Handheld electronic calculators were new (and expensive) when I was in high school, but were rapidly becoming ubiquitous. Most math teachers did not allow use of calculators in class. Invariably, students would grouse about the bans, and the teachers would reply with something like “someday you’re not going to have your calculator with you and you’ll need to do some math.” I began to think of these as “desert island scenarios,” as in ‘you’re stranded on a desert island with no calculator but you need to find the size of the piece of driftwood you need to make the rounded part of the “P” in “HELP.” How are you going to do that if you can’t do this math on paper?’ So I don’t have a calculator but I do have paper and a pencil and a compulsive need to make sure that my driftwood “HELP” message is letter-perfect.

This kind of thing comes up all the time. Recently, Josh and I have joked about the kinds of questions that seem to come up on job interviews and start to sound like “you’re stranded on a desert island with nothing but a computer, a power source, and a high-speed internet connection; how are you going to…” (Of course, they’re never actually phrased that way, but the implication is there.) Seems pretty unlikely.

Until this week.

I was at the island house. I needed a computer I could leave there to do remote performance and reliability testing and to manage some IoT devices (surveillance camera, cat feeder, weather station) without running everything through the Secure Cloud™. I hadn’t anticipated the need, so I didn’t have a computer I could leave. I could get a Raspberry Pi shipped to the local post office rapidly, but I only brought my laptop and a few cables. I would need to be able to boot the Pi headless (no keyboard and monitor), and modern versions of the Raspberry Pi OS ship with remote access (ssh and vnc) disabled by default. You can enable them, and even WiFi, by putting special files on the boot drive (a micro SD card), but that requires that you be able to read and write micro SD cards. I had thrown an old USB-C hub in my bag, but when I checked I discovered that the one I’d picked didn’t have a card slot.

Was I to be on a desert tropical island with nothing but a Raspberry Pi, my laptop, solar power, and a high-speed internet connection? (Yes, due to a rural broadband subsidy, there is a six mile long gigabit optical fiber that runs to my home, even though there isn’t even utility power.)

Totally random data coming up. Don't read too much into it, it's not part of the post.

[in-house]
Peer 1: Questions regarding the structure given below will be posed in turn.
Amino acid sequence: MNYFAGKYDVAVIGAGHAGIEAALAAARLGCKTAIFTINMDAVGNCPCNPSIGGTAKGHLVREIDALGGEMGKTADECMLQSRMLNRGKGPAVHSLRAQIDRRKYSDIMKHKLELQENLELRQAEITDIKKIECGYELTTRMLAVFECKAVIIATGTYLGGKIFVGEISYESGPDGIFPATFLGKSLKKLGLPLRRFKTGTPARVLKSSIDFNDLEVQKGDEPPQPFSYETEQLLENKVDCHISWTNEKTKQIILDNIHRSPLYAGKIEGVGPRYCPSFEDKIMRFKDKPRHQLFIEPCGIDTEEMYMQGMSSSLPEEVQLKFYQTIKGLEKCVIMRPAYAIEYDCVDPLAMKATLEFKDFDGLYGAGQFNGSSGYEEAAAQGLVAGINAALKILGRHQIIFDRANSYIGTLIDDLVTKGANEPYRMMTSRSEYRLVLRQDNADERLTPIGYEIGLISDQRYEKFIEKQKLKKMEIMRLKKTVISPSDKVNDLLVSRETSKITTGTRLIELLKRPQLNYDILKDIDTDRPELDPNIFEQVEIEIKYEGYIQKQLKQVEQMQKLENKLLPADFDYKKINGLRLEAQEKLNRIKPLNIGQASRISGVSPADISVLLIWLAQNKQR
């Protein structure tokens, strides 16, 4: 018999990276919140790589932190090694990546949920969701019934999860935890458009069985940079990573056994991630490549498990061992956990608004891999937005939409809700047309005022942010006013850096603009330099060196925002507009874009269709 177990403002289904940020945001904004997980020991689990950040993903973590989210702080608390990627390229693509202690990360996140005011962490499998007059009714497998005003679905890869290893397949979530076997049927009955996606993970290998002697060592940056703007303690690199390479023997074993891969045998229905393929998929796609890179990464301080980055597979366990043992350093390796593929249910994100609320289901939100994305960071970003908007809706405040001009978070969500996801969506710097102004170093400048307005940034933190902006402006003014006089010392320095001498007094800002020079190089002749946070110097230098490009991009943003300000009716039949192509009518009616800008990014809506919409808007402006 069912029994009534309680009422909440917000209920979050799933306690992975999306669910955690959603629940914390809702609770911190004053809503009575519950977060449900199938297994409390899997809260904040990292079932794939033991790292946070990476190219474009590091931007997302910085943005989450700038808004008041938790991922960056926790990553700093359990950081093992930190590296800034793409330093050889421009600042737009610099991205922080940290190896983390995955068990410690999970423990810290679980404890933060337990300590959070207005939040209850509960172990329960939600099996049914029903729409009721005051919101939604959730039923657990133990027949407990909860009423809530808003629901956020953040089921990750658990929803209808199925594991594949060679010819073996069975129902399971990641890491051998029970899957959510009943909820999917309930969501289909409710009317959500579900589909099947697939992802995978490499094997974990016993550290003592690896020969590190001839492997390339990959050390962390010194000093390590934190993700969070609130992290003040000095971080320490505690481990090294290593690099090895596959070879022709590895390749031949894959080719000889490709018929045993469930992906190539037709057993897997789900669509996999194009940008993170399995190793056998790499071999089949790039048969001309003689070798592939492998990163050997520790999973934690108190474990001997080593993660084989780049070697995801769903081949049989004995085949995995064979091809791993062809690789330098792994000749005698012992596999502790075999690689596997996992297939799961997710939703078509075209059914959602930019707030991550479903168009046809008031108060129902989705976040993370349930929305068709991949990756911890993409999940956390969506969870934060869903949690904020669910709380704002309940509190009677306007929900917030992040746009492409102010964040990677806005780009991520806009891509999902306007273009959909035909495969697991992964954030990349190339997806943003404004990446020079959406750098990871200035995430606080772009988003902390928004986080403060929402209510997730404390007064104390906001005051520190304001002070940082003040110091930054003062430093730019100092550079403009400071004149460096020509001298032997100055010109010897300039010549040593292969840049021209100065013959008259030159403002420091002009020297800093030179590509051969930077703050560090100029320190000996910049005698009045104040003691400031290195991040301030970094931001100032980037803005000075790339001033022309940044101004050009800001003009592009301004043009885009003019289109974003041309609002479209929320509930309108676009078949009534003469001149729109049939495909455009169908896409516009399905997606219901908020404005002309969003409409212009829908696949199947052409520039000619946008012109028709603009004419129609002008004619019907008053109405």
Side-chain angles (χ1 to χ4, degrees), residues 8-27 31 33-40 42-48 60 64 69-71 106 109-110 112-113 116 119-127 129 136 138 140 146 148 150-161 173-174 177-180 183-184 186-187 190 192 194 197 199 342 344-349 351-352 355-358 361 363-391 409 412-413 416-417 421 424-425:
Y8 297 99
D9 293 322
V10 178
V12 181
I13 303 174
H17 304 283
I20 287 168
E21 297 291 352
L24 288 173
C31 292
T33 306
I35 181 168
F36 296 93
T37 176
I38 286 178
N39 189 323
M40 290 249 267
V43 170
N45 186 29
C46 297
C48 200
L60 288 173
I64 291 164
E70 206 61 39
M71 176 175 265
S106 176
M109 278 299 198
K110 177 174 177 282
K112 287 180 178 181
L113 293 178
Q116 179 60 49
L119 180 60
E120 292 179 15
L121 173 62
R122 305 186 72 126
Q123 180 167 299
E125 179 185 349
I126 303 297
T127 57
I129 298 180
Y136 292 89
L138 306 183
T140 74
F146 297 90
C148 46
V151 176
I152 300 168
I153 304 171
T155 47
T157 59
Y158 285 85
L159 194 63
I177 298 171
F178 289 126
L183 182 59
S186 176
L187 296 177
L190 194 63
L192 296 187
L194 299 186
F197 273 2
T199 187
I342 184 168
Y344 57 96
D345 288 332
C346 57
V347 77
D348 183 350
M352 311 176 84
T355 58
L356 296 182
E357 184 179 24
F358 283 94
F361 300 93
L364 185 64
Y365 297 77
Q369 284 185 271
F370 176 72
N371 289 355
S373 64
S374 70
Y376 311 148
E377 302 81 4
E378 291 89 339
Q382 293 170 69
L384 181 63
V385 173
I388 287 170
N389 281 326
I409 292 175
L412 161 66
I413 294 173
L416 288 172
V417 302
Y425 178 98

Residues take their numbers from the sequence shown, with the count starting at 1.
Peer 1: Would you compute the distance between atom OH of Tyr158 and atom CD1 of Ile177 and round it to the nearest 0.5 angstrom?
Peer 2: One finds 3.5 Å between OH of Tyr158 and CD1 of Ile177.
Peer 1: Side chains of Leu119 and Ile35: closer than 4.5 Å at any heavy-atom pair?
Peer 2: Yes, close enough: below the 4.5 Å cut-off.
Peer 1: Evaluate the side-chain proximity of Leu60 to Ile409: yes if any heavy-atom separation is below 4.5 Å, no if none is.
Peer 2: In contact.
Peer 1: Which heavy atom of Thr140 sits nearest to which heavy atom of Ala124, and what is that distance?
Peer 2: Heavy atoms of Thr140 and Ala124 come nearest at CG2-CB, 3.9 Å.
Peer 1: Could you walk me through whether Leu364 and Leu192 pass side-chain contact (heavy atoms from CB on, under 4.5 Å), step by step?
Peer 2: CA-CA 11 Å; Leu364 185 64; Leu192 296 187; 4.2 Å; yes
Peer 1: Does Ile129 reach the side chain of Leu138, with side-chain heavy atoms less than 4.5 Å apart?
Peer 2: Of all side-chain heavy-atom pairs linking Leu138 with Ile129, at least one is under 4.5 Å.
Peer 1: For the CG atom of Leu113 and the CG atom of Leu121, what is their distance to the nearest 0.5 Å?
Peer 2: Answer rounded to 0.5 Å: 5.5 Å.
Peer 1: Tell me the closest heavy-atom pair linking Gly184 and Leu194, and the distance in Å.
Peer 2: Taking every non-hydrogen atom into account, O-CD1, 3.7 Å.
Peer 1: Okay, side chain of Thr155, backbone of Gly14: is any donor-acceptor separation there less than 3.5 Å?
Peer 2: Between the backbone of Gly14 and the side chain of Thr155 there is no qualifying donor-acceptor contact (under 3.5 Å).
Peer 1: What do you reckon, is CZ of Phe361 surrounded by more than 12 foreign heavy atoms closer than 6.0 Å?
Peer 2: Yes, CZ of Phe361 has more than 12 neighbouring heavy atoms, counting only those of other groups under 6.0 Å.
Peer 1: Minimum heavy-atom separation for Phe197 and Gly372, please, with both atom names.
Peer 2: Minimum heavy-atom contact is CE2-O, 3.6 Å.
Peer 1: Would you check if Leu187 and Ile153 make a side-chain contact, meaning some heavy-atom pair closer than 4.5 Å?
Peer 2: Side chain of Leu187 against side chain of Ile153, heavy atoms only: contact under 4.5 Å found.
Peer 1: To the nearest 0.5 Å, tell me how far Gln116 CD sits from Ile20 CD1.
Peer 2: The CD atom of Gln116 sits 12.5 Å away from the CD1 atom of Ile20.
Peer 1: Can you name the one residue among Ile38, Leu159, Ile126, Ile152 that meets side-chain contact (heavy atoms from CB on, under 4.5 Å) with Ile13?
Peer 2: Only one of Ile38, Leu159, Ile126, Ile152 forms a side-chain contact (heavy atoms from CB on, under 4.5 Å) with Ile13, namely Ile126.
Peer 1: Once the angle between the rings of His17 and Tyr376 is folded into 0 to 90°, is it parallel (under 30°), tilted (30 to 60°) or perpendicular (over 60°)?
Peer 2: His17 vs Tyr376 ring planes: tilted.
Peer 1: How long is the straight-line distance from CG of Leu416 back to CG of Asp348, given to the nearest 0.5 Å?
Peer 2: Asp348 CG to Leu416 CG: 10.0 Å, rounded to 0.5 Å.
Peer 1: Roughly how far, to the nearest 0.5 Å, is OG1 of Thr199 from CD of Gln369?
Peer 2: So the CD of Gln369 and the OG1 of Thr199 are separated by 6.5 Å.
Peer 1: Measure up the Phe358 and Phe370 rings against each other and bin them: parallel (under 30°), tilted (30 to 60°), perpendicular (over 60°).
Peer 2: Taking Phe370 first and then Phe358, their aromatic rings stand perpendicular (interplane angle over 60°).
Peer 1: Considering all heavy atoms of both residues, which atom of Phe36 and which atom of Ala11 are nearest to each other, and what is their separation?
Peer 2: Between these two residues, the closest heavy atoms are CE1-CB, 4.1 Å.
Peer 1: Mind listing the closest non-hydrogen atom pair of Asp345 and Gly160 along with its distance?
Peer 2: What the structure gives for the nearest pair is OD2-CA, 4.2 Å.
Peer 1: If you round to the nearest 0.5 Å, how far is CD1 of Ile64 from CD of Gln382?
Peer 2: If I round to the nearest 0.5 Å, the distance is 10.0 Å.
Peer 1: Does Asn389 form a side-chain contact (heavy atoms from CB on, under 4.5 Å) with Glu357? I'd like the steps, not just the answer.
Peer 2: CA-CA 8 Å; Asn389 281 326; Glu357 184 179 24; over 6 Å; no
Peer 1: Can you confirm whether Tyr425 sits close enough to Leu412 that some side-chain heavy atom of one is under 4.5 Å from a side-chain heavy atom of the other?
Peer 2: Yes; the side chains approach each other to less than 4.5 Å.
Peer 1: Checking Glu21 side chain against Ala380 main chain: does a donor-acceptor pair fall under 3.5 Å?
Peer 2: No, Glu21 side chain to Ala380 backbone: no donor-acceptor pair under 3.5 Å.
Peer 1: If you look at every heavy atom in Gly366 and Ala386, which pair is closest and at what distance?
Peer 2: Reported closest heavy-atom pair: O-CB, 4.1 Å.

Fortunately, I could get a CanaKit shipped to me rapidly; it would arrive just within the time frame I needed to be able to get the computer installed before I had to leave for the airport. The kit came with a Raspberry Pi 5 with a case, heatsink, fan, power supply, cables, a micro SD card, and most importantly a micro SD card reader. I should be able to make this work!

The kit arrived on time (not something one can count on out there) and I was able to drive into town to get it.

So I was all set, until I discovered that the micro SD adapter didn’t work properly and wouldn’t let me mount the card. At all. It should be noted that though “town” is only six miles away, there isn’t a store there that would have anything remotely resembling SD cards and adapters. Yes, I know that even most drugstores carry such things these days, but there is no drugstore in town. The hardware store is amazing, so I checked there, but no. I racked my brain. I found an old cat-5 cable that had been connected to a comparatively ancient satellite internet system: this would let me bypass the need to program the WiFi credentials. There’s on old TV in the place and the kit came with an HDMI cable, so I’d have a display, but no keyboard. I absolutely could not come up with a way to get the Pi booted with an internet connection.

Within hours of returning to the mainland, I was able to get the Pi headlessly booted on the net and configured with the requisite code to make it accessible from the outside world. But now it’s 2,500 miles from where it needs to be.

The CanaKit folks were sympathetic and immediately shipped me a replacement card adapter but, of course, much too late. I’ll doubtless carry it with me the rest of my life, just in case I’m ever stranded on a desert island with only a Raspberry Pi, a micro SD card, a laptop, a power source, and a high-speed internet line.


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